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I am finding somewhat difficult to carry on working in my current job.

The codebase has become a bit wild lately (but definitely not the worse I've seen), and I'm having a hard time dealing with some parts of the code. I could be stupid, but most likely it's just that it demotivates me a lot to start working on something that is hard to reason about.

My boss is already aware of my thoughts - I expressed what it feels like to work like this. He asked me to provide examples of what was wrong. When I pointed out two or three small issues, he said "yeah, ok" but that refactoring costs him a lot of money, and that we have to get the product out (not the first time I hear this).

I have to admit that the examples were not the most compelling, but the problem is actually tough to explain. It's made up of a lot of tiny "bad decisions" throughout the codebase. (We also see this issue is absolutely subjective). For instance, bad naming, dealing with nulls, boilerplate, not making code reusable (or the opposite) and so on. It can be tiring to re-think someone else's code over again to justify I would have done it differently.

Do you have thoughts on how to deal with this? I am a bit fed up of having to go hacking around a quick 'n dirty codebase every time!

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I think this is a dupe: stackoverflow.com/questions/12745/… –  ryeguy Feb 18 '09 at 18:18
    
Do you have code reviews for all changes to the codebase? –  Steve S Feb 18 '09 at 18:26

16 Answers 16

up vote 16 down vote accepted

Sometimes your fellow programmers do things very differently than you, and things you might feel are way wrong might actually have positive aspects. We all have our schools we come from. I think I've come across programmers who complain about things I don't understand equally as often that I myself have felt something needs to be complained about.

Make sure you can deduce what you complain about into a concrete disadvantage. If for no other reason so that you can motivate middle management about improvements to make. Things that are hard to deduce into measurable facts usually originates from difference in taste/style rather than quality (there are boooks to read about this subject). The answer posted by smacl have good and concrete advice!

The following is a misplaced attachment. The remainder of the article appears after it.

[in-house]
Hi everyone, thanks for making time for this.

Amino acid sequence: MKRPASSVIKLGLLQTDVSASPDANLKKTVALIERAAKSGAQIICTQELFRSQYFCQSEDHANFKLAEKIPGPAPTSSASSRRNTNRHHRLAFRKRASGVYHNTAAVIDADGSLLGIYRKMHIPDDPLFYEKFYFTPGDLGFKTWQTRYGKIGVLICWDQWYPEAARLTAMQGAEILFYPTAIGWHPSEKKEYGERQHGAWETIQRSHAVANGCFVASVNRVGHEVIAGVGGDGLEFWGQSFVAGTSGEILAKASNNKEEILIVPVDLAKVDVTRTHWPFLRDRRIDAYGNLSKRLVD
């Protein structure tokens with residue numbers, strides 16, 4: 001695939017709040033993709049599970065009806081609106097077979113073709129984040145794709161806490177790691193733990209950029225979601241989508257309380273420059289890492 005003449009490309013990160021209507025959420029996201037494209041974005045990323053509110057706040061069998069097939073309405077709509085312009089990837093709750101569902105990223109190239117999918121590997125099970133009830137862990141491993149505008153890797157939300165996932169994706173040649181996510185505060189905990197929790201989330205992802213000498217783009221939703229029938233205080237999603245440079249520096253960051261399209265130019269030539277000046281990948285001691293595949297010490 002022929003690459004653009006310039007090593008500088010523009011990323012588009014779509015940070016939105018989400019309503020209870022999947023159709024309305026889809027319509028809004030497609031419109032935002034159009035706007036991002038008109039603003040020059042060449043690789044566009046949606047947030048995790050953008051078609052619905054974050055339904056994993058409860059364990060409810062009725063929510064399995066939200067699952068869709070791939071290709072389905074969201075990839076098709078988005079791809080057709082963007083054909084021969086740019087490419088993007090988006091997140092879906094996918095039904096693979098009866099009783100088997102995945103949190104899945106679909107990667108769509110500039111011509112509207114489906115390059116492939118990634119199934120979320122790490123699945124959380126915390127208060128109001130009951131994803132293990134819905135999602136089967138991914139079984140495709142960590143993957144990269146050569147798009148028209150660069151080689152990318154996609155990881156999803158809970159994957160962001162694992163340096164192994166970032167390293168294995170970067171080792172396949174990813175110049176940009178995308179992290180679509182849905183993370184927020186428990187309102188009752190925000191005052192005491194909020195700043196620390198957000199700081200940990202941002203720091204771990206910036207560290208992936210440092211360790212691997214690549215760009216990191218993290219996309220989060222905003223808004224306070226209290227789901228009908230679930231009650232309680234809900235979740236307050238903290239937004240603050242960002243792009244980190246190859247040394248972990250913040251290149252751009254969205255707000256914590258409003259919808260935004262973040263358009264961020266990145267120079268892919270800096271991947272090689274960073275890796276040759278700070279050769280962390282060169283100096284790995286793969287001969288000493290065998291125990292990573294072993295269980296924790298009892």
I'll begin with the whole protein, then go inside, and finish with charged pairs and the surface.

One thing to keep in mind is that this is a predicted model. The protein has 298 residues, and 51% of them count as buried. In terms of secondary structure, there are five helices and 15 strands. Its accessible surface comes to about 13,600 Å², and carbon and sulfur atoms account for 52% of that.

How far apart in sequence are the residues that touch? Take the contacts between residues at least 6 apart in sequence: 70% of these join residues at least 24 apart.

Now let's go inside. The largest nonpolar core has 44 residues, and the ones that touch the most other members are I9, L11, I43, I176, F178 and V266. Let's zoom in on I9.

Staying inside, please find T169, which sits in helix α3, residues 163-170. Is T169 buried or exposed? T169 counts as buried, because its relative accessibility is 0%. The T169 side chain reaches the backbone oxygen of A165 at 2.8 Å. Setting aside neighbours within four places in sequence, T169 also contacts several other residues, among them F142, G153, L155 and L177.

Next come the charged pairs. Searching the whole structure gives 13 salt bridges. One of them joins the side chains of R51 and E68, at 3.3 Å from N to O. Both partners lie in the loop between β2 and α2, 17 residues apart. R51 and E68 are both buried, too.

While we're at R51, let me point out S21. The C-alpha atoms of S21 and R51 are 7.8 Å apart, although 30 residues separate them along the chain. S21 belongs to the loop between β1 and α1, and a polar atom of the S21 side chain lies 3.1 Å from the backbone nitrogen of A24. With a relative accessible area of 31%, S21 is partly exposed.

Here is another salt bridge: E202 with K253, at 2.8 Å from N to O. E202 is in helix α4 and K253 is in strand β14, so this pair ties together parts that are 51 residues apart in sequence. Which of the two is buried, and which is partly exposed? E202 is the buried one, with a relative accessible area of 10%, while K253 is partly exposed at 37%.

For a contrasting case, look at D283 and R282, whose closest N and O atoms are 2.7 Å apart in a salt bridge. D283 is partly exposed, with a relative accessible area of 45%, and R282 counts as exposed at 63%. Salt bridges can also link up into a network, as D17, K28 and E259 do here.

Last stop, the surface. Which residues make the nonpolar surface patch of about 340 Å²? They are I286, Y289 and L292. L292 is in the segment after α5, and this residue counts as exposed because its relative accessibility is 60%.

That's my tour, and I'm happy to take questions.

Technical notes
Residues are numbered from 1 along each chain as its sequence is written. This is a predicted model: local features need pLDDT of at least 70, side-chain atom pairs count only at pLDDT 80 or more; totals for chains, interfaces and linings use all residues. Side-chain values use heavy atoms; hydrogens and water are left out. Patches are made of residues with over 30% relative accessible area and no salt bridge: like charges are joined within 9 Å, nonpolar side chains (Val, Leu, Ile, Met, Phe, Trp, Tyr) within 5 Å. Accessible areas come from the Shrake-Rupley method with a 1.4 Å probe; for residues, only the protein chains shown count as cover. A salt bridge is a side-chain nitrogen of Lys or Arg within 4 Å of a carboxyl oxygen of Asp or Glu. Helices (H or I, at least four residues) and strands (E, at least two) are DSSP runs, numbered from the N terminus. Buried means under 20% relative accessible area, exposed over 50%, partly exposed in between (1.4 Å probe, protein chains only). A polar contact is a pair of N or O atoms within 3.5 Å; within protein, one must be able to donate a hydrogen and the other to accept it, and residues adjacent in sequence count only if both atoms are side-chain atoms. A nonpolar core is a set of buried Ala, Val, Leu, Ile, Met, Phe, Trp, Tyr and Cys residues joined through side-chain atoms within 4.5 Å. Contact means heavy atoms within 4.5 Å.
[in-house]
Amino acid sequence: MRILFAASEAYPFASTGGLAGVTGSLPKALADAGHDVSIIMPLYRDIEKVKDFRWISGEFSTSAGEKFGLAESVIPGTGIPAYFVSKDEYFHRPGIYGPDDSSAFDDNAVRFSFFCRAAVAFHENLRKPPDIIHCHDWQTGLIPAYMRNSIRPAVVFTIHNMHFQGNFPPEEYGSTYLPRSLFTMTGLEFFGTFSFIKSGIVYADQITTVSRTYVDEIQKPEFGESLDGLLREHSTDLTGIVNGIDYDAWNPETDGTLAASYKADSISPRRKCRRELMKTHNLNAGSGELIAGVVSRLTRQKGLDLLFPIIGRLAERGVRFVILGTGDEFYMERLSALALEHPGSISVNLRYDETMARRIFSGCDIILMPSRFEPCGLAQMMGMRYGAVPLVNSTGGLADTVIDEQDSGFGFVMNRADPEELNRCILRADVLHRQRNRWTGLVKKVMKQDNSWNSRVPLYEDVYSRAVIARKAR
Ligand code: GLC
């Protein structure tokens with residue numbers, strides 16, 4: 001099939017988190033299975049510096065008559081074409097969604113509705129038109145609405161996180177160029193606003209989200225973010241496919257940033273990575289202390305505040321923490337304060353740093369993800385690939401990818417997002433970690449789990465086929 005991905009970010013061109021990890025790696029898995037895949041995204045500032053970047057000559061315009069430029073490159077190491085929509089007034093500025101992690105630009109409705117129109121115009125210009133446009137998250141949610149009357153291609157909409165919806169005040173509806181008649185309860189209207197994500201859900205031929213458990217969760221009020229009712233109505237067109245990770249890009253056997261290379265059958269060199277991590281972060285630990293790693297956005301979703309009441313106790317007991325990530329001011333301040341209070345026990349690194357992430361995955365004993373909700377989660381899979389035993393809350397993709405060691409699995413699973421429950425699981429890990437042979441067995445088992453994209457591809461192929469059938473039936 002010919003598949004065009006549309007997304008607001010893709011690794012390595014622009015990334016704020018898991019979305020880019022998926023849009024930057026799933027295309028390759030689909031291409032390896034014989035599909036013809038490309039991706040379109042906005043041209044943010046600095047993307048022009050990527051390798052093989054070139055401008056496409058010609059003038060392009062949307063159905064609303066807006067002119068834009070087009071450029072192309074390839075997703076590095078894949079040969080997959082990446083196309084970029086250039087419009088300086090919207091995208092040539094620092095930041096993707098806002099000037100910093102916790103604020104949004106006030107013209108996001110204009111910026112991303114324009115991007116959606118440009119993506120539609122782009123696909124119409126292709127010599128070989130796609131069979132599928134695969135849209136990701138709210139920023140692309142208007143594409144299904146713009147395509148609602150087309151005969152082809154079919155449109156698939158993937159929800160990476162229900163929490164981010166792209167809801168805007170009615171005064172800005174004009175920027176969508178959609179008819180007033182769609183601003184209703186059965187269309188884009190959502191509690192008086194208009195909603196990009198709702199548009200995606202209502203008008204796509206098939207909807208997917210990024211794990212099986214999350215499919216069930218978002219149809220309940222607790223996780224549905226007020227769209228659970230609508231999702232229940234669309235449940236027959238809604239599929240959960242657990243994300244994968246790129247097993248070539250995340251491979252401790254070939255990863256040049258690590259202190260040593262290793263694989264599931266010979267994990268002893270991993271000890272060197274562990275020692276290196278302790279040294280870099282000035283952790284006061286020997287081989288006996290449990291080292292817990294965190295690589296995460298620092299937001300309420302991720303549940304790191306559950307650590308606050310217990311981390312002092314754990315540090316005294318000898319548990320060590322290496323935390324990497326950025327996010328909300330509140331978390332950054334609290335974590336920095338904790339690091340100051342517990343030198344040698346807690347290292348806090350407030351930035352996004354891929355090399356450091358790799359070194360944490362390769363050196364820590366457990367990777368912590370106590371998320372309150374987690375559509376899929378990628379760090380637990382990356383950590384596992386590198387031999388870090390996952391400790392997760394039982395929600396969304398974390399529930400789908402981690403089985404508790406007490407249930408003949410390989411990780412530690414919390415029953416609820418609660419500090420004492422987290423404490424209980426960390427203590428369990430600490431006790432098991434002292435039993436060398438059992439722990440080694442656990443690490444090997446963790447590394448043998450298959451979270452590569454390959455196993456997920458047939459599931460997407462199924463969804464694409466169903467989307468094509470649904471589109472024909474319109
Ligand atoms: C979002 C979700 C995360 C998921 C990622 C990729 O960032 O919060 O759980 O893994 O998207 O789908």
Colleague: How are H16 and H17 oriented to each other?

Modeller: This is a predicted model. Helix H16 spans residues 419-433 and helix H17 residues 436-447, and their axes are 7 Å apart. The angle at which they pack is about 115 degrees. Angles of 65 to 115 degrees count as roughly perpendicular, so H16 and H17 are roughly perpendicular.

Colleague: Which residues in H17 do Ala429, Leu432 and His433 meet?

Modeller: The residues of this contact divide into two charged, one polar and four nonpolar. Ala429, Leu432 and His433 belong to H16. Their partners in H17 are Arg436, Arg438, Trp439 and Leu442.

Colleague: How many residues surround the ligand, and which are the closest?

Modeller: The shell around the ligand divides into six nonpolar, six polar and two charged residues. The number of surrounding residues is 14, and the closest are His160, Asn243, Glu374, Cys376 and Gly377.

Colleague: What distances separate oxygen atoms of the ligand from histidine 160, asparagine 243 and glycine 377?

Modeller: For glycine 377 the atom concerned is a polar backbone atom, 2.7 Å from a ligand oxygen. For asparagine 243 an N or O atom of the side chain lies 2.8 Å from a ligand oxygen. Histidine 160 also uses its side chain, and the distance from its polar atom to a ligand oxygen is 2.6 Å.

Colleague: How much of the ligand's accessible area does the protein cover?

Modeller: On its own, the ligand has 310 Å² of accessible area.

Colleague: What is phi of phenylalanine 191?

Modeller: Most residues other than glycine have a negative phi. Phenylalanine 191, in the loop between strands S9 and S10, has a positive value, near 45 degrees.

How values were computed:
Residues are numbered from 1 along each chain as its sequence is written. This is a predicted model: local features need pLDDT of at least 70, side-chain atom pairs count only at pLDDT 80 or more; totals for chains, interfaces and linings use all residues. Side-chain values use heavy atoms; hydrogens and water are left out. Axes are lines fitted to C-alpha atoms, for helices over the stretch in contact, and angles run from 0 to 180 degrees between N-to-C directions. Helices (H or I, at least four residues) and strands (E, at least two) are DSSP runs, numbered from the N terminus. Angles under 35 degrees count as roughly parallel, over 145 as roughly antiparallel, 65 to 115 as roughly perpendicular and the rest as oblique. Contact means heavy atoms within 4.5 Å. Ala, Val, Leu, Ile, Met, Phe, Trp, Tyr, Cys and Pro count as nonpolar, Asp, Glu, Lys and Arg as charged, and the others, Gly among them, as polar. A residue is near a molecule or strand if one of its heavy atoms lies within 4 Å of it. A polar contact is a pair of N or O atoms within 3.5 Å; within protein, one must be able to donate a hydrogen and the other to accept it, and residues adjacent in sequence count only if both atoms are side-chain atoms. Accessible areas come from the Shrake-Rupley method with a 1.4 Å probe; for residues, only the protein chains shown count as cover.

If you can deduce your concern into a real disadvantage, then I really do not agree when people say that one have to "accept" situations like this. I've been exposed to this problem more than once, and let me tell you, refactoring is not the solution to the problem. Refactoring only fixes the symptoms.

Accepting a situation like this is the same as saying "bad quality product lines and expensive and frustrating maintenance is something my company can live with". This is ofcourse seldomly the case. However management (i.e. those with the go/no-go on what projects to prioritize) are very often not technically aware of what the problems are, or why development is expensive. They shouldn't have to be for that matter.

That's why you need a development organization with technical leads, chief architects, a good organisational structure and tiered model etc. Experienced software professionals who have seen where the road leads to if you ignore certain aspects of development. It's about changing the "culture" of your team(s).

Either you stick with your company and try to change how you do things from the roots, or you find another place to work and make sure you find out during the interview exactly how they work in every-day development.

Good luck

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I recently faced a very similar problem and a friend gave me some advice that helped a great deal. He said: "keep yourself out of it."

What he meant was, that you must communicate the problems because they are real, costly problems with consequences in terms of time and money. But when you do communicate, talk only about the consequences for the organization. Do not mention the consequences to you, because then it just sounds like whining and will be ignored.

For example:

Not keeping yourself out of it:

"The other developers use these obscure, misleading identifiers and then I have to spend hours going over the code trying to discover what they meant. It's taking up a lot of my time."

Keeping yourself out of it:

"It would be very helpful and cost effective to do some refactoring of class and variable names and also establish some coding standards around identifiers. The immediate payoff will be an easier-to-understand codebase for everyone, leading to better productivity. The longer-term payoff will be that later we'll be able to modify the code and fix things faster. If a critical bug is discovered right before a release, an understandable codebase will be really important."

I hope that helps.

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1) Make the problem more visible and get management buy-in

Keep a very detailed diary of the time spent on various coding tasks over the period of about a month. At the end of the month analyse and summarise the contents for your boss, i.e. time wasted and hence money wasted, to illustrate that change of some form is necessary.

2) Think of a cost effective way of moving forward